Grade changing

Coach fired amid Memphis grading scandal will not be reinstated, board says

PHOTO: Rebecca Griesbach/Chalkbeat
The Shelby County Schools board reaffirmed its decision to fire Teli White, a former football coach at Trezevant High School.

The lawyer for the coach at the epicenter of a grade inflation scandal told the Shelby County Schools board Wednesday his client is a scapegoat for a problem that goes far beyond one coach and one school. Still, the board reaffirmed its December vote to fire Teli White, the former Trezevant High School football coach.

White’s lawyer, Darrell O’Neal, said his client would appeal to chancery court.

White was suspended in 2016, following an internal review; he was fired in December 2017, after a law firm’s investigation uncovered additional evidence of his involvement. The veteran coach has denied the accusations against him and is appealing his termination.

PHOTO: Rebecca Griesbach/Chalkbeat
Teli White’s lawyer, Darrell O’Neal, speaks to board members defending the former Trezevant High School football coach.

“If you have a systematic pattern of changing grades and the only people that are being disciplined is a football coach and a secretary, there’s something wrong,” O’Neal said.

He also argued that his client’s suspension was punishment enough for the alleged conduct.

“There is no policy that states you can discipline a teacher twice for the same conduct,” he said. “Mr. White has already been disciplined and should be reinstated.”

The school board voted 7-1 to deny White’s appeal. Board member Mike Kernell voted in White’s favor, and Scott McCormick did not attend the meeting.

The results of an independent investigation into grade changes across seven Memphis high schools are expected in a few weeks. The accounting firm Dixon Hughes Goodman in Memphis is authoring the report.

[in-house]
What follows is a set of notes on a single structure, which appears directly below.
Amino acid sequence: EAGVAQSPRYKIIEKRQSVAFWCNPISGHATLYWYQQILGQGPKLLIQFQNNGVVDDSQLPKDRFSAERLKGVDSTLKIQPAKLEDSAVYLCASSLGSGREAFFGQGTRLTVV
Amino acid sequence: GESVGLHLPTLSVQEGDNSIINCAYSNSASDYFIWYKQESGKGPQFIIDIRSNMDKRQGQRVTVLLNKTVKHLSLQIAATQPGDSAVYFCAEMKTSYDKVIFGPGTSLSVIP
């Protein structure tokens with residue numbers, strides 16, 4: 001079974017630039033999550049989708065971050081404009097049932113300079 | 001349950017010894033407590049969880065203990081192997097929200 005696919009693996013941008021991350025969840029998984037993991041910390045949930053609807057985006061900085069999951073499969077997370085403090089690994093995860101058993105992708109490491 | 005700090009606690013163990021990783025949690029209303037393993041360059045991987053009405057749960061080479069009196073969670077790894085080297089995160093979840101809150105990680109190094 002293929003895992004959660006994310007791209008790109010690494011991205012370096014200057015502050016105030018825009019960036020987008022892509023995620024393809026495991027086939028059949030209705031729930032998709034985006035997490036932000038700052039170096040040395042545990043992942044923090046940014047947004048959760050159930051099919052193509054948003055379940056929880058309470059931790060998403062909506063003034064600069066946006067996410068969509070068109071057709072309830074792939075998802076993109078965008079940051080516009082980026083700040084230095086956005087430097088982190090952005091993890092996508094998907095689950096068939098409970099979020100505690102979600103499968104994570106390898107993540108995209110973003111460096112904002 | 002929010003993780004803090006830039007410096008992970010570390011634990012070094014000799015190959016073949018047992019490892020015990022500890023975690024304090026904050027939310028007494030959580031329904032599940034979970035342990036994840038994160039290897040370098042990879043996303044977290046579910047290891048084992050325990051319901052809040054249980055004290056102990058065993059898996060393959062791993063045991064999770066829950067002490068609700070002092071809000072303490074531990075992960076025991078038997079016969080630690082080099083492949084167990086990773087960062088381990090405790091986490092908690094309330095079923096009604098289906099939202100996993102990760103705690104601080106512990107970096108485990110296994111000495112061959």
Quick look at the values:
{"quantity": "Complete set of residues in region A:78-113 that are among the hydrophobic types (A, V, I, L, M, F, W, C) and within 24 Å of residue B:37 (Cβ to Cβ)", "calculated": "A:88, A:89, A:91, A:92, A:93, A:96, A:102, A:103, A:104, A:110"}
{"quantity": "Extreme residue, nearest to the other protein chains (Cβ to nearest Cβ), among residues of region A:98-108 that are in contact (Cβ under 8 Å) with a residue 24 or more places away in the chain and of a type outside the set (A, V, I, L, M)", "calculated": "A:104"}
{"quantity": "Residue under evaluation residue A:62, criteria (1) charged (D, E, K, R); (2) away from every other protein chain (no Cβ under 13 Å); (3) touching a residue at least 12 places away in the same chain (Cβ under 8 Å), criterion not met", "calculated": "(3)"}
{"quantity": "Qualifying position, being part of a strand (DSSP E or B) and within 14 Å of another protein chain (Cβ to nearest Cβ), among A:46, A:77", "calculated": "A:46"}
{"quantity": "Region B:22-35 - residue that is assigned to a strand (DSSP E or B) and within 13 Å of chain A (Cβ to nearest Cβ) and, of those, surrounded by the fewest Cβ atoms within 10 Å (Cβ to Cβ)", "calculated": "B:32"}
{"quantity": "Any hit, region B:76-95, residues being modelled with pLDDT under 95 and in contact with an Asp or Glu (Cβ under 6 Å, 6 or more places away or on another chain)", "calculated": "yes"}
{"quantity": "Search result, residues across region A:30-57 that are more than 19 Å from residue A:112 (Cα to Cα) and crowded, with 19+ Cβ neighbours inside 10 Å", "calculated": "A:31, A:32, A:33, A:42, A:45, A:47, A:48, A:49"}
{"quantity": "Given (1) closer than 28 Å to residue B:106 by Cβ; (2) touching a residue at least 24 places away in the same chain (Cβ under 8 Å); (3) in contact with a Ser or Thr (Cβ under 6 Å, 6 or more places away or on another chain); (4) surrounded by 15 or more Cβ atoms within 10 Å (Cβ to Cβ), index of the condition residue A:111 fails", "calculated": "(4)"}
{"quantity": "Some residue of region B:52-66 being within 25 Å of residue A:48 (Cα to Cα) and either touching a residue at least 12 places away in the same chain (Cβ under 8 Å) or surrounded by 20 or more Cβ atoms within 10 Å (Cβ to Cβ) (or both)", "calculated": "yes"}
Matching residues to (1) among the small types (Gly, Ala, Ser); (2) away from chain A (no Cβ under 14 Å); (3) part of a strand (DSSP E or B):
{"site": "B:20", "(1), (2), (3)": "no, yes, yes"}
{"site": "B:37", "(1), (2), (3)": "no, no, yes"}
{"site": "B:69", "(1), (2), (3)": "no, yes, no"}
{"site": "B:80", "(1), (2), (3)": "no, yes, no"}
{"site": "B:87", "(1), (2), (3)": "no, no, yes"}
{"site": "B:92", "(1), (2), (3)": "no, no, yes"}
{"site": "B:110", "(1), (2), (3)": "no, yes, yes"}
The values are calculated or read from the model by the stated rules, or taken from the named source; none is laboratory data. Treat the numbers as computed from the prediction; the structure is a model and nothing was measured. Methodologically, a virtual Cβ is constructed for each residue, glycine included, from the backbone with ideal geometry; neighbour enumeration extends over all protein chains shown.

White has denied requesting changes for football players whose grades had been “drastically and unjustifiably inflated,” according to a district-commissioned report by law firm Butler Snow, which released its findings in December. But evidence on White’s computer suggested otherwise, according to the report, which states:

Coach White had saved to his desktop 10 transcripts of football players from 2012-2015. Three of the transcripts had been altered and given grades inconsistent with the grades on their report cards, and these inconsistencies resulted in higher overall GPAs for the players.

Christopher Campbell, an attorney for the school district, said that whether or not other faculty members are implicated in the scandal is irrelevant so far as White’s case is concerned.

“They want you to consider a wide or broad scale investigation. But that’s not why we’re here, ladies and gentlemen,” Campbell told the board. “We’re here to deal with Teli White.”

PHOTO: Rebecca Griesbach/Chalkbeat
Audience members react to deliberations at an appeal hearing for former Trezevant High School coach Teli White on Wednesday.

White’s players were not the only ones at Trezevant whose grades were changed without proper documentation. In total, 57 non-athlete students’ grades were found to have been changed without merit, Butler Snow reported. As a result, 53 students received diplomas without passing the necessary classes.

Trezevant High School is part of the district’s heralded school improvement program known as the Innovation Zone, or iZone.

Since the scandal surfaced, Shelby County Schools has restricted the number of employees authorized to make changes to a student’s report card or transcript to teachers, a records secretary, and one other person specified by the principal. Superintendent Dorsey Hopson is also requiring a monthly report from principals, detailing any changes to grades. Such changes can be legitimate if a student completes a process known as course recovery or makeup assignments.

White is one of at least three employees in Tennessee’s largest district to face termination or demotion following investigations into boosting grades. Shirley Quinn, the records secretary at Trezevant, was fired in October 2016 after admitting to changing grades improperly. And Monekea Smith, who was principal at Hamilton High School, was demoted in January after district officials discovered her login credentials were used to change grades. Students protested that decision. A district spokeswoman said she had no additional information on the status of Smith’s case.